English Language Rules the World

By Dyer, Gwynne | Winnipeg Free Press, May 24, 2012 | Go to article overview

English Language Rules the World


Dyer, Gwynne, Winnipeg Free Press


The second president of the United States, John Adams, predicted in 1780 that "English will be the most respectable language in the world and the most universally read and spoken in the next century, if not before the end of this one." It is destined "in the next and succeeding centuries to be more generally the language of the world than Latin was in the last or French is in the present age."

It was a bold prediction, for at that time there were only about 13 million English-speakers in the world, almost all of them living in Britain or on the eastern seaboard of North America. They were barely one per cent of the world's population, and almost nobody except the Welsh and the Irish bothered to learn English as a second language. So how is Adams' prediction doing now?

Well, it took a little longer than he thought, but last week one of the most respected universities in Italy, the Politecnico di Milano, announced that from 2014, all of its courses would be taught in English.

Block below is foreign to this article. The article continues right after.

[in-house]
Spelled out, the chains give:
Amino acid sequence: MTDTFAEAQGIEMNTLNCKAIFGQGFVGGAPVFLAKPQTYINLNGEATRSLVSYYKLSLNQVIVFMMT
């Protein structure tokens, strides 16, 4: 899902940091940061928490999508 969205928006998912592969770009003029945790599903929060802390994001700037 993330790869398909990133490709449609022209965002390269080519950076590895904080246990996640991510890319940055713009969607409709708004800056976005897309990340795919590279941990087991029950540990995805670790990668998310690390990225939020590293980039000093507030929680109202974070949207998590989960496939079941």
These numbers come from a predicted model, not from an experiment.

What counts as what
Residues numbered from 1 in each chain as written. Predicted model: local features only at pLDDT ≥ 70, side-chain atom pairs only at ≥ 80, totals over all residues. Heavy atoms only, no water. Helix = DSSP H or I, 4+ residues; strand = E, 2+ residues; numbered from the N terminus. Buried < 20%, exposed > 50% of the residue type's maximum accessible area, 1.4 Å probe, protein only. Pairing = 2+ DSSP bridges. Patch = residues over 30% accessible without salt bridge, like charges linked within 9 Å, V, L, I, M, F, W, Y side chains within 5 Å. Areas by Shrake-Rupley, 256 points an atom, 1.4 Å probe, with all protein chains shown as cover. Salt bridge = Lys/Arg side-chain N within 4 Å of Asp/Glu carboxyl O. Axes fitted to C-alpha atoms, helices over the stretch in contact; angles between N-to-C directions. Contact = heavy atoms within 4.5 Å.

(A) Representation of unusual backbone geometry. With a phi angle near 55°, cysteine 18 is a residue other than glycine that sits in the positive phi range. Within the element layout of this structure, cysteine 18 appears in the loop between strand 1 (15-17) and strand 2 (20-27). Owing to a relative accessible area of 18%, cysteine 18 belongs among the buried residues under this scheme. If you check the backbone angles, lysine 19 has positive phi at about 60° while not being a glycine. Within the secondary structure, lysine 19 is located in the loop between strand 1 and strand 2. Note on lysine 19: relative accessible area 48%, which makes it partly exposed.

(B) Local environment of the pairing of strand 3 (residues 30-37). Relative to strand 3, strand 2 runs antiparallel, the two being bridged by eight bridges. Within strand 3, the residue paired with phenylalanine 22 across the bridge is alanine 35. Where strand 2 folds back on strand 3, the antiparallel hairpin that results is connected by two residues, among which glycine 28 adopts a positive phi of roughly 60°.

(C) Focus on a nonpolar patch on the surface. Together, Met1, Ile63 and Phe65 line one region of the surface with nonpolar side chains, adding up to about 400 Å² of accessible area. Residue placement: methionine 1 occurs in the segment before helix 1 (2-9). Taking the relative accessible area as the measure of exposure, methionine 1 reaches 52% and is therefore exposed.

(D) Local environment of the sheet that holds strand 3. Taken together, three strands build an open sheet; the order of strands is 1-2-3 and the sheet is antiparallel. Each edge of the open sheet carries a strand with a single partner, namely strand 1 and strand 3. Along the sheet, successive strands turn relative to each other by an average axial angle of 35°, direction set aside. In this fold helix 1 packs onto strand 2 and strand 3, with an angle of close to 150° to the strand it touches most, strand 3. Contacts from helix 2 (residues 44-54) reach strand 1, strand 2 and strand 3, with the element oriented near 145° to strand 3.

There was a predictable wave of outrage all across the country, but the university's rector, Giovanni Azzoni, simply replied: "We strongly believe our classes should be international classes, and the only way to have international classes is to use the English language. Universities are in a more competitive world. If you want to stay with the other global universities, you have no other choice."

The university is not doing this to attract foreign students. It is doing it mainly for its own students who speak Italian as a first language, but must make their living in a global economy where the players come from everywhere -- and they all speak English as a lingua franca.

Many other European universities, especially in Germany, the Low Countries and Scandinavia, have taken the same decision, and the phenomenon is now spreading to Asia. There is a huge shift underway, and it has become extremely rare to meet a scientific researcher or international businessperson who cannot speak fluent English. How else would Peruvians communicate with Chinese?

But wait a minute. Peruvians speak Spanish, the world's second-biggest language, and Chinese has the largest number of native speakers of any language. Why don't they just learn each other's languages?

Because neither language is much use for talking to anybody else. Chinese won't get you very far in Europe, Africa or the Americas -- or, indeed, in most of Asia. The same goes for Spanish almost anywhere outside Latin America.

Since few people have the time to learn more than one or two foreign languages, we need a single lingua franca everybody can use with everybody else.

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